• Whenever possible, I promote the idea of using a graphical user interface to address day-to-day SAN management, and a scripted command-line approach for actually configuring a SAN (to allow for rapid cookie-cutter standard SAN installations).

  • For SAP we need several sets of disks, depending on which database vendor has been selected. All data and log files (including redo logs, archive logs, SQL transaction logs, TempDB, and so on) must reside on the SAN. Further, as long as we are not using a clustering technology that requires local access to database executables, the Oracle or SQL Server (or Informix, DB2, SAPDB, and so on) executables can be located on the SAN as well.

  • If you are clustering, you need to add a Quorum drive or similar such drive as well (actually, a mirrored disk pair distributed across two different busses is recommended). The quorum must be located on the SAN. Also, clustering SQL Server or Oracle means that these database executables must be installed on each node in the cluster, not out on the SAN.

  • For the production database, I nearly always recommend that the production datafiles reside on LUNs (drive partitions) set up for hardware-based mirroring and striping (RAID 1+0 or 0+1, depending on the storage vendor’s implementation). For simplicity, I like to create LUNs where the physical drives are vertically situated one on top of the other.

  • SAP BW represents a potential exception to this general configuration rule of thumb for production systems. In the fast disk subsystems available today, the trade-off between performance and disk space between the different RAID levels is not as significant as it has been in the past.

  • If all of the preceding items are in place, you are well-prepared to address database growth. As the database grows you can add another RAID 1+0 set, for example. The OS will immediately recognize this additional disk space (if not, go to Disk Administrator and execute the option to “scan for new devices”), and allow us to format this space and create a new drive letter. Then, in order to increase your effective database size, the database administrator simply needs to create more table spaces or data files on the new disk partitions.

A good example of what a traditional SAN deployment might look like from a disk-layout perspective can be seen in Figure 1.

Figure 1. A well-performing and highly available disk subsystem requires that no two drives share the same storage shelf, power cable, or SCSI bus.

With your new understanding of how to take advantage of the features and capabilities a classic SAN environment can provide in regards to our SAP environment, let’s move ahead and discuss the latest in SAN technology—the virtual SAN.

The Latest in SAN Technology—Leveraging Storage Virtualization

In review, Storage Virtualization, or SV, is defined as “the transparent abstraction of storage at the block level.” Regarding SV, the idea is to minimize the need for parameters that allow fine-tuning, low-level optimization, and “tweaking,” in favor of allowing the intelligent virtual disk subsystem to take care of everything. It’s a paradigm shift in the biggest sense of the word—hands-off!

The ultimate in high-performance SV equates to striping and then mirroring all disk partitions across all 84–168 or more disk drives in a virtual storage disk subsystem. The ultimate in storage capacity equates to creating a RAID 5 partition across all of these drives. In either case, multiple partitions, or drives, can be created and presented to the operating system, or a single enormous drive can be created and presented instead. And many storage virtualization technologies automatically create optimally sized and configured RAID drives based on the space available in conjunction with historical data. It’s that simple. The various block size parameters, read/write caching algorithms, read-ahead logic, and so on are all under the covers, so to speak. The best SV disk subsystems allow the few remaining configuration choices to be made via a browser-based graphical user interface, too.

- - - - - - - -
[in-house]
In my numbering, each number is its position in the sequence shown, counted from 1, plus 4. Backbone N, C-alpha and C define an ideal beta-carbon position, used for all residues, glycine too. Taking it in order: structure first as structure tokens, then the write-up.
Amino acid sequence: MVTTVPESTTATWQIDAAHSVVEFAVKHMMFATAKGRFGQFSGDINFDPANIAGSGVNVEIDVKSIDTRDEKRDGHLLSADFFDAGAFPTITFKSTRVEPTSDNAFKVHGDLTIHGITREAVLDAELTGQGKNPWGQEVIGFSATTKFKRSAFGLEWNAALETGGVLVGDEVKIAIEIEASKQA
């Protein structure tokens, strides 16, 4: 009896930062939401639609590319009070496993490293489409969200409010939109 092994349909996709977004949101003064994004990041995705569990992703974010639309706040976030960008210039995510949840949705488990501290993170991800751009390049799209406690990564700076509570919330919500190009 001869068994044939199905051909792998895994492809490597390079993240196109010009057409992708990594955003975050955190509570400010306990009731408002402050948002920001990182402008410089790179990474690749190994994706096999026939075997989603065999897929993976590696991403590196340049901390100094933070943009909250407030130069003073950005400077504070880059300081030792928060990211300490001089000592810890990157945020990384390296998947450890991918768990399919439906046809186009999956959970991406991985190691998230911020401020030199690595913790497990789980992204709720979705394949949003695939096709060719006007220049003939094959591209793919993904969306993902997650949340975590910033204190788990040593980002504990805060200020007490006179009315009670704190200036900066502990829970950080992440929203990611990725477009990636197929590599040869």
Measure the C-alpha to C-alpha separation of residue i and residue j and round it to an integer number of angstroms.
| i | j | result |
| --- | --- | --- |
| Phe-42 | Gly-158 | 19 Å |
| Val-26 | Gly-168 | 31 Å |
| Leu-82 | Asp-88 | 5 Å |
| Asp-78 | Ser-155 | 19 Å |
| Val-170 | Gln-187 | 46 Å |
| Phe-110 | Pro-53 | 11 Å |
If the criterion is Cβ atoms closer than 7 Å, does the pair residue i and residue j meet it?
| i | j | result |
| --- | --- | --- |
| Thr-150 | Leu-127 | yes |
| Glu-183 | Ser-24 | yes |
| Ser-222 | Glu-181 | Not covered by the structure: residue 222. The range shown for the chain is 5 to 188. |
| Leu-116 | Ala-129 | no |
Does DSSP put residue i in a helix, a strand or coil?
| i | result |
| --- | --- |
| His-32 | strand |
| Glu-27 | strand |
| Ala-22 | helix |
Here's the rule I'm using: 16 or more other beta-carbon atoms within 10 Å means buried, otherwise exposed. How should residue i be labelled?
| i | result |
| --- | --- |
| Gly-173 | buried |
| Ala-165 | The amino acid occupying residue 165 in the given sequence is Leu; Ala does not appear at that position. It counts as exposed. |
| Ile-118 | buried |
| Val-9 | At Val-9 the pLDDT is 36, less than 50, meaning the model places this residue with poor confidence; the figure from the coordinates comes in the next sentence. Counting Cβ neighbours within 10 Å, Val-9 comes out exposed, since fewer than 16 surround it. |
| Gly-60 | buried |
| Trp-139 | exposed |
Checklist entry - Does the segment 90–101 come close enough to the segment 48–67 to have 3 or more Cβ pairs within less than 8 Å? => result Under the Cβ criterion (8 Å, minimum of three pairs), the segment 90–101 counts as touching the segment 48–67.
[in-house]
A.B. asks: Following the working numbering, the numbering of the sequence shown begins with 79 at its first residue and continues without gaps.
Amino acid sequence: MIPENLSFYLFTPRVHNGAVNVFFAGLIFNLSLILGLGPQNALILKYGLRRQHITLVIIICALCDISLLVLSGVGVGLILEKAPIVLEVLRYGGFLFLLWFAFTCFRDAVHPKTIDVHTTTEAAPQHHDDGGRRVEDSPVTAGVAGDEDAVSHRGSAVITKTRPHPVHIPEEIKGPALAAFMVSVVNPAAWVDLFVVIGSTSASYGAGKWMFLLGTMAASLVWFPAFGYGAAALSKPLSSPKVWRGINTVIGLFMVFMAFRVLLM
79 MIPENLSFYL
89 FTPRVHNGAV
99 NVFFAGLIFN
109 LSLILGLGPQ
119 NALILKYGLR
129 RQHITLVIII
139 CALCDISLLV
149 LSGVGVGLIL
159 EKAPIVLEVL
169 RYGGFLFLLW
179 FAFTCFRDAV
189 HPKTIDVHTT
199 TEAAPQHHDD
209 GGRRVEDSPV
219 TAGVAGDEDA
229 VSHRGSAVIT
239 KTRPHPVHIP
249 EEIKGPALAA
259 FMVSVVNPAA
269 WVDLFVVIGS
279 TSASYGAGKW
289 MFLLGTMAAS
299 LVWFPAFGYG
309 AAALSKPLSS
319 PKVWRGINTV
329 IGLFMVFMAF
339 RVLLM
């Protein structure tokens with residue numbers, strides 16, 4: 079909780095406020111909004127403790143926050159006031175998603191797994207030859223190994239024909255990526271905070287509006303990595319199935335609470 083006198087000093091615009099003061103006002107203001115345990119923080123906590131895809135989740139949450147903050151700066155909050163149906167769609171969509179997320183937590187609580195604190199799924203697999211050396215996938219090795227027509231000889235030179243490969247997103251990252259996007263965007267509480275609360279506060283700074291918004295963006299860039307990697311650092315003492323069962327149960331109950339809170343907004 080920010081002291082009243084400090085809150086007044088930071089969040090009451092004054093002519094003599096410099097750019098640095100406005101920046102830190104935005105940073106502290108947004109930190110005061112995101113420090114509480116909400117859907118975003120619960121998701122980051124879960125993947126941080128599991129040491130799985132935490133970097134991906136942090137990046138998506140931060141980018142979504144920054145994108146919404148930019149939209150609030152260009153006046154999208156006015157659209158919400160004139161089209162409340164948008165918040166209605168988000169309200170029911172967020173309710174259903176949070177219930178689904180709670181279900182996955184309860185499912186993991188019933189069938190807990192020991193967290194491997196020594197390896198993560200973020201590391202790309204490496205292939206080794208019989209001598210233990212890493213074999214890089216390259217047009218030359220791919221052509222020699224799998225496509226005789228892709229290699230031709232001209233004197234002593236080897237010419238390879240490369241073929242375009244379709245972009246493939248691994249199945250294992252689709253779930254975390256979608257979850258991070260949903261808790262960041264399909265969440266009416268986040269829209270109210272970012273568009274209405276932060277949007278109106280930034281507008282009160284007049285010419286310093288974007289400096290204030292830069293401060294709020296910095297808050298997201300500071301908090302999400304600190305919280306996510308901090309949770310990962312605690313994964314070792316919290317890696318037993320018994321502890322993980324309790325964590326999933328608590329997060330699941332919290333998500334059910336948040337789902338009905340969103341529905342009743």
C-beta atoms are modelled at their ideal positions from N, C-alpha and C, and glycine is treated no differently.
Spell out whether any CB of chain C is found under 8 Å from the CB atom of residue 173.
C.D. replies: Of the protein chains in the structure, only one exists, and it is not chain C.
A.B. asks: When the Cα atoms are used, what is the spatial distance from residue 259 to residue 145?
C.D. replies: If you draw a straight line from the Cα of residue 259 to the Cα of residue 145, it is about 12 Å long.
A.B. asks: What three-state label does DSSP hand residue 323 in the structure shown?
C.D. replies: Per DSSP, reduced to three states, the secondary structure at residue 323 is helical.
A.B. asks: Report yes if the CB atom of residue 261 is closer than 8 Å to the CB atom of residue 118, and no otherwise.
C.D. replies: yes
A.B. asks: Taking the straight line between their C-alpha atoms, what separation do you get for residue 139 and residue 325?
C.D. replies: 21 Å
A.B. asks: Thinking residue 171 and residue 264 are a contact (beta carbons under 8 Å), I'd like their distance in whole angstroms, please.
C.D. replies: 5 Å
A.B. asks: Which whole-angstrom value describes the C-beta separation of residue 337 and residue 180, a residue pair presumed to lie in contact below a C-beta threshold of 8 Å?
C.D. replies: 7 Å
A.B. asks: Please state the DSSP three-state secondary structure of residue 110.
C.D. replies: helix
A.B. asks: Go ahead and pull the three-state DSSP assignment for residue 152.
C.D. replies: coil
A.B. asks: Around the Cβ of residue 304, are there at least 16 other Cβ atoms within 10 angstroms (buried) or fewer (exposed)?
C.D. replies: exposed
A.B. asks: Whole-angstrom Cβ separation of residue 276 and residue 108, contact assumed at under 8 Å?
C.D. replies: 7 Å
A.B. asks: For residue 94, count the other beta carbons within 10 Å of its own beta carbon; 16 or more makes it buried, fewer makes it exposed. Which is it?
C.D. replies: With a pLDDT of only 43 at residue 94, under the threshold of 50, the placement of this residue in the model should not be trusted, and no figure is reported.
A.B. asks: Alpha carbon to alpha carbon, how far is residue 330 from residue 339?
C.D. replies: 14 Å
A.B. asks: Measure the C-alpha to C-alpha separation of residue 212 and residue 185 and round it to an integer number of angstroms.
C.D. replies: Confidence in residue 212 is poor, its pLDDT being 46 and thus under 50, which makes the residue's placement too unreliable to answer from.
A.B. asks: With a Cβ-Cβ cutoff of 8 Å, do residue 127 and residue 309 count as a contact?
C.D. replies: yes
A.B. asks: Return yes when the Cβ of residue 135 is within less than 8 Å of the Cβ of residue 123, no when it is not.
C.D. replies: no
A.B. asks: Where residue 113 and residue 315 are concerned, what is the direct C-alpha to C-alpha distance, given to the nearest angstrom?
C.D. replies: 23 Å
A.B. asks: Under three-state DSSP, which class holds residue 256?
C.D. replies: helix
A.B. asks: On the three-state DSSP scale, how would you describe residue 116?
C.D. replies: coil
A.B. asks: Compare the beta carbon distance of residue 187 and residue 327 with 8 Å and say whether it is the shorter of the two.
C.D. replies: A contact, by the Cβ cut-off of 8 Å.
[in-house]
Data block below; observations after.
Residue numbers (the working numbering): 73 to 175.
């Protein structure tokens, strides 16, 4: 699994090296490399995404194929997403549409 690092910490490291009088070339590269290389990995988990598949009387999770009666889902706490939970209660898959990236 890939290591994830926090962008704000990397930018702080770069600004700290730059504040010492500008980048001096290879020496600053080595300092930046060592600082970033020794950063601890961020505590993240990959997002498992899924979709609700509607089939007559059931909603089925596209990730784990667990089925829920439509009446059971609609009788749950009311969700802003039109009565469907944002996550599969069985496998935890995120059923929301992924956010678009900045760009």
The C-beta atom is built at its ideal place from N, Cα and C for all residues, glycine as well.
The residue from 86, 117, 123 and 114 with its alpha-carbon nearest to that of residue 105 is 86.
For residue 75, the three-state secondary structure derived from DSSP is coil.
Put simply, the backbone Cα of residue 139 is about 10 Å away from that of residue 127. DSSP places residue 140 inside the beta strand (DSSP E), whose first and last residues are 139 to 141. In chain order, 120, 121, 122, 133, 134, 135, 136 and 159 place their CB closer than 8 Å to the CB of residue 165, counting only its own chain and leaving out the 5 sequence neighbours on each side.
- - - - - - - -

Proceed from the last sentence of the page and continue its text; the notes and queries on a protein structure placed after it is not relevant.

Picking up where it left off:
Virtual storage eliminates the physical one-to-one relationship between servers and storage devices, or databases and physical drives. Some important, albeit limited, configuration options still exist, however, and it is these options that concern us next.

Storage Virtualization Best Practices

When it comes to implementing and configuring a Virtual Array, you have control over the following options:

  • As with a traditional SAN, you can still design and implement high-availability SAN switch architectures, including the ability to create zones for effectively segregating specific servers and their storage across multiple storage systems.

  • You can create one or more groups within a physical Virtual Array storage system. Groups represent another way to segregate storage and servers, though this capability is limited to disks that are physically attached to the same disk controller subsystem (normally in one or more “cabinets” or “disk enclosures”). Thus, in an 84-drive Virtual Array, you might choose to create two groups of 42 physical drives each, three groups of varying sizing, or just a single group containing all 84 drives.

  • You can manually create LUNs, or disk partitions, and select the group (and therefore disk drives) over which this LUN will be created. You can create many LUNs, or one LUN, whatever is optimal for the need at hand. For example, you might create three 100GB LUNs in a single group consisting of 42 drives, and place your SAPDATA files on these.

  • Upon creating the LUNs, you can typically specify what RAID level each LUN is to use, and whether caching should be enabled or disabled (although in some virtualization product sets, this is simply not possible). In this way, if required of your solution, you can mix high-density RAID 5 LUNs (for database disk dumps, for example) with high-performance RAID 1+0 LUNs (for database data files and logs).

Some of the preceding points defy the preaching of many a database administrator or basis consultant. I can hear them now. “What, one giant virtual disk chopped up into pieces? You can’t do that, we’re supposed to keep our logs separate from our data! What happened to best practices?” Let them know that best practices differ now, based on the storage solution employed. And recommend that they read the PDF files found on the Planning CD that relate to configuring and optimizing, for example, HP’s Enterprise Virtual Array Storage System.

Finally, let the facts speak for themselves, as presented in Figure 2—the Virtual Array easily handles a variety of workloads, while other traditional high-end storage systems struggle.

Figure 2. This chart shows the results of actual I/O throughput tests (measured in Megabytes per second), comparing a Virtual SAN Array to both a legacy FCAL-based SAP Production disk subsystem and a traditional high-performance SAN.